Still plenty to do in Denver for the holidays

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Holiday gatherings will likely be quite different this year.

But looking into a few things, I found there are many events still happening, either virtually or in a space designed to allow for social distancing.

Here are a few I found particularly interesting.

Santa

It’s likely there won’t be any events where you can take children to sit on Santa’s lap this year.

Luckily, award-winning Denver photographer Ron Cooper spent more than a year traveling the U.S. seeking out all the Santas and photographing them. His book, which was published Sept. 29, called “We Are Santa: Portraits and Profiles,” is a compilation of his photos and the Santas’ unique stories.

And the best part? Proceeds from book sales benefit Children’s Hospital Colorado.

Visit www.ron-cooper.com/We-Are-Santa to learn more.

Gallery MFC, 424 Broadway, has an exhibit of the photos that will be available through Dec. 31. Before going, however, give the gallery a call at 303-446-2265 to verify open hours.

The Nutcracker

When I was little, it was my family’s tradition to listen to the soundtrack of The Nutcracker every year while decorating our tree.

This year, families can experience not only the music, but also the performance from home.

Thanks to a partnership between Rocky Mountain PBS and the Colorado Ballet, The Nutcracker will be broadcast on television for free.

Presented by PNC Bank, it will be aired on TV on the following dates in December: 9 p.m Dec. 18, 1 a.m. Dec. 19, 7 p.m. Dec. 24, and midnight on Dec. 25 (the wee hours of Christmas morning).

For information about how to access the Rocky Mountain PBS channel in a specific area, visit http://www.rmpbs.org/channels/. The production also may be streamed at no cost, any time throughout the holiday season, on the Rocky Mountain PBS app, downloadable at https://www.rmpbs.org/pbs-video-app/.

Granny Dances to a Holiday Drum

Another virtual experience theater production to check out is Cleo Parker Robinson Dance’s Granny Dances to a Holiday Drum.

Tickets cost $25-$75 per household. A link will be sent to all ticket holders and it will be viewable from Dec. 5 to Jan. 2. And you can watch it as many times as you like during that timeframe.

Learn more at https://cleoparkerdance.org/performance.

Lights and more lights

The Mile High Tree, a 110-foot-tall immersive art installation, will be lit up until Jan. 2. It is located on the 16th Street Mall at Welton Street in downtown Denver.

A free festive light and music show will take place from 5-9:30 p.m. on most Thursdays, Fridays and Saturdays, and from 5-8 p.m. on some Sundays. The program lasts about five minutes and will run approximately every 15 minutes.

While you’re in downtown Denver, make sure and check out city’s Grand Illumination. On Nov. 20, various buildings — Denver Union Station, the City and County Building, the 16th Street Mall, Skyline Park, the D&F Clock Tower, 14th Street, Larimer Square, and more — were lit up for strollers and shoppers in the downtown area.

The 9NEWS Parade of Lights will take place as a multi-week event beginning on Nov. 27. All the floats will be displayed throughout downtown, and the free 9News Parade of Lights app, which is available for mobile devices, provides a map of all their locations.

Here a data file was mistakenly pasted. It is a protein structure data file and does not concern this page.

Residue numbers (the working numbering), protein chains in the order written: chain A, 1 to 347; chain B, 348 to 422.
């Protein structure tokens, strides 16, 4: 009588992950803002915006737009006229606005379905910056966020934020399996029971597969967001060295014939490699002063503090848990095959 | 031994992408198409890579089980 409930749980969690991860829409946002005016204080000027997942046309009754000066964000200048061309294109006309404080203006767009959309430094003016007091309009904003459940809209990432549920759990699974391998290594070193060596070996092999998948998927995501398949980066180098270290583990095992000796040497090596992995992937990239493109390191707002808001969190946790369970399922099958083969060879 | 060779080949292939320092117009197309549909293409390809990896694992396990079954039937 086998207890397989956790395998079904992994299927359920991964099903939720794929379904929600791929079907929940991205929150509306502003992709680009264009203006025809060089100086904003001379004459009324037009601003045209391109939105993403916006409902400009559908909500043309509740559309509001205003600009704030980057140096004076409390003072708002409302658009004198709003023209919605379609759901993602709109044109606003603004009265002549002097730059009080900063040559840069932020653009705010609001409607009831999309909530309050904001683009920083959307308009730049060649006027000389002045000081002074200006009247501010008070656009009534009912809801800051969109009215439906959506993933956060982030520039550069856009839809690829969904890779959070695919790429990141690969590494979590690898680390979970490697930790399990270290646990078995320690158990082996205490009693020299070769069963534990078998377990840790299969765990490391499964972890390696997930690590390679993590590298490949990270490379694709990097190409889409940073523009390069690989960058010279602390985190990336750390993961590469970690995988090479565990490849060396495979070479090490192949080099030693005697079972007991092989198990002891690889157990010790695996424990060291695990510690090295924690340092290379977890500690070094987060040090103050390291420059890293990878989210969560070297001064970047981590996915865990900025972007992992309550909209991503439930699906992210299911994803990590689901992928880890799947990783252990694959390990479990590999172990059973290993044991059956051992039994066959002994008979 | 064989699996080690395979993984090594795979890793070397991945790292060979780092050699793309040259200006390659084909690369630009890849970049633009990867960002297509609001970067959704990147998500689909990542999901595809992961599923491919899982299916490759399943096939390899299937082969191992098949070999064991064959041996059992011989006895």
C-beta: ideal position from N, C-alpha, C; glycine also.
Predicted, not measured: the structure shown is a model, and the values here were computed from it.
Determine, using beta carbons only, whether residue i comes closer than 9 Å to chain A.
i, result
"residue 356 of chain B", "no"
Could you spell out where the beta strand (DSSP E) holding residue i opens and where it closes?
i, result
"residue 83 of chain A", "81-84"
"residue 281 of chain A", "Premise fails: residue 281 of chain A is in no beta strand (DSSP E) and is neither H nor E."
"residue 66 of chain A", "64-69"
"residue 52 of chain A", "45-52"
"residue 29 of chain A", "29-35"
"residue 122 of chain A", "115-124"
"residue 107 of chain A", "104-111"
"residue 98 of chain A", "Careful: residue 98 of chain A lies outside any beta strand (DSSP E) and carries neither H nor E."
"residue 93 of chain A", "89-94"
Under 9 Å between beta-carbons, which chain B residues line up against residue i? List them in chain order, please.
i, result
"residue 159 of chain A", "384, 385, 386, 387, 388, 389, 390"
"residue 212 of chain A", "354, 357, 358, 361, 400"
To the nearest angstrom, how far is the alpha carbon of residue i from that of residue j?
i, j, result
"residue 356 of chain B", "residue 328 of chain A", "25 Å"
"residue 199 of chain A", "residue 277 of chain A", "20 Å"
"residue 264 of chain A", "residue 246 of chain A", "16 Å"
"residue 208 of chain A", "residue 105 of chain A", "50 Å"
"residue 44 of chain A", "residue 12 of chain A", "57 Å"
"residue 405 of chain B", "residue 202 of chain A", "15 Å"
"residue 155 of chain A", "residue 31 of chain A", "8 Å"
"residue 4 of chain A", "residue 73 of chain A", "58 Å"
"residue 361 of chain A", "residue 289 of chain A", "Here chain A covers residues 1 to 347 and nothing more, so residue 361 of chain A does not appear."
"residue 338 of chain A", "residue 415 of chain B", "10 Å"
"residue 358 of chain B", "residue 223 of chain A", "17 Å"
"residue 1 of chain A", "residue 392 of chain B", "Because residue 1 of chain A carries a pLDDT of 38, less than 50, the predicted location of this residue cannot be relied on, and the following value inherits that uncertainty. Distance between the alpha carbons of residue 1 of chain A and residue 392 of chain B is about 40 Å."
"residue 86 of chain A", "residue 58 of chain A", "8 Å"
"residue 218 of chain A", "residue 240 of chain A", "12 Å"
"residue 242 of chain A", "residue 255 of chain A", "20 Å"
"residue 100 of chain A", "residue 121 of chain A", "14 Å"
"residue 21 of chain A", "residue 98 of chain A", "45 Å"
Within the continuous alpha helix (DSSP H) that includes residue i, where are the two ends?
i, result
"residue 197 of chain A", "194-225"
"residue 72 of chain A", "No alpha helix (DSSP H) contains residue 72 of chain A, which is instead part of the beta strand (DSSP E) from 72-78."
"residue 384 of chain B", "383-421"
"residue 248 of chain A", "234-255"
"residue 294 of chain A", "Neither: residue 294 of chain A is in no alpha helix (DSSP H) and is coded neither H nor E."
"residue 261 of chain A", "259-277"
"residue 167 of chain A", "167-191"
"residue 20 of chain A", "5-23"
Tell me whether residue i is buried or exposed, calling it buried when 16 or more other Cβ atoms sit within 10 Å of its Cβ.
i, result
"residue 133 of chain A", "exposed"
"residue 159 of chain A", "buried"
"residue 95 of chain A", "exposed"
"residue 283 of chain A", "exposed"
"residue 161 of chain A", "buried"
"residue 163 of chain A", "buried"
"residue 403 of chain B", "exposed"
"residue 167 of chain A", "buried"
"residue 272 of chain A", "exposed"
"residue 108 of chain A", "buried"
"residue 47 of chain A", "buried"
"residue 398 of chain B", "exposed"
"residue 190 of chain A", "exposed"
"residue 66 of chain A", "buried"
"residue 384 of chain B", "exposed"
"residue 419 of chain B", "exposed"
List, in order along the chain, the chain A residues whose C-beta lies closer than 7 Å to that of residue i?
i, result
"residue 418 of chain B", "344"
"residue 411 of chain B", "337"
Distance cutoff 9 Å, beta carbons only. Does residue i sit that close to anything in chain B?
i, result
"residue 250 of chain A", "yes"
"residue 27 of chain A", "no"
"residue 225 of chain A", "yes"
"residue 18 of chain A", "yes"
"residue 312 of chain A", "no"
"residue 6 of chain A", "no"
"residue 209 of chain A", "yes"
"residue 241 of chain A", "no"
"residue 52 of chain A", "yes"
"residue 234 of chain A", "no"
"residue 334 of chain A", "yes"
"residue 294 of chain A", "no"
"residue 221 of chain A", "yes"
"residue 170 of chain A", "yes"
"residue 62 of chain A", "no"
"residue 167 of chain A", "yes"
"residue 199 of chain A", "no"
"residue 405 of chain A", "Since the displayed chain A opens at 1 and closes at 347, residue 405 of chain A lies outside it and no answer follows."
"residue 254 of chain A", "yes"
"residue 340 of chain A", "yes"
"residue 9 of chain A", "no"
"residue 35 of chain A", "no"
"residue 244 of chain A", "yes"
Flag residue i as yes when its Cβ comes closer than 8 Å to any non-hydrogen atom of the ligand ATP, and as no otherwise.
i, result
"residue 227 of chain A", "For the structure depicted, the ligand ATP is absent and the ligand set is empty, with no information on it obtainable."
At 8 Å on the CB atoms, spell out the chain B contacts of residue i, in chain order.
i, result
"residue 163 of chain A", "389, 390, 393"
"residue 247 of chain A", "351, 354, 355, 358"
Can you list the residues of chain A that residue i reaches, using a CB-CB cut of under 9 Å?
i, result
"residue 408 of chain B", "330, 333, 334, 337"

Shopping

In addition to the Cherry Creek Holiday Market, which is featured elsewhere in this paper, there is the Denver Christkindl Market, which opened on Nov. 20 and will continue through Dec. 23. This year, it takes place along the center promenade of Civic Center Park, 101 W. 14th Ave. in Denver.

This is the 20th annual year for the Denver Christkindl Market. It is put on by the German American Chamber of Commerce-Colorado Chapter.

The market is an outdoor, cultural experience that “offers guests an opportunity to stroll through a European village festively decorated for the holiday season - no passport required,” states a news release.

The Denver Christkindl Market is open from 11 a.m. to 9 p.m. Thursday through Saturday, and from 11 a.m. to 7 p.m. Sunday through Wednesday. Beginning Dec. 16, the market will be open from 11 a.m. to 9 p.m. every day of the week until Dec. 23.

Hanukkah

The Staenberg-Loup Jewish Community Center Denver, JEWISHColorado and Judaism Your Way are co-hosting a virtual family Hanukkah celebration called Latkes & Light. The event takes place from 10-11:30 a.m. on Dec. 13.

During the event, the community will bless their Hanukkah Menorahs together, sing and dance, and do Hanukkah-themed activities.

Latkes & Light features educators from Jewish Explorers, Judaism Your Way, Staenberg-Loup Jewish Community Center and PJ Library. Keynote discussion will be on the importance of tzedakah, a Jewish value focused on the importance of charitable giving.

”How the Grinch Stole Christmas”

OK, so this isn’t a local event. But it is a tradition in my family to watch “How the Grinch Stole Christmas” every Christmas Eve.

It began when I was little — at least a couple of decades before Jim Carrey played the Grinch in the 2000 film, so we’ll just say it’s been about 40 years now. And now the tradition has been carried down to my two nieces, who both have well passed their 15th year of this tradition. It’s funny — there are now three generations in my family who know every word, every scene of the original Dr. Seuss cartoon version, which, I think Google said it came out in 1966.

I’m not sure of our plans yet this year. But one thing I know for sure, we’ll still eat fudge and drink eggnog, and watch The Grinch. Even if we do it in our separate living rooms.

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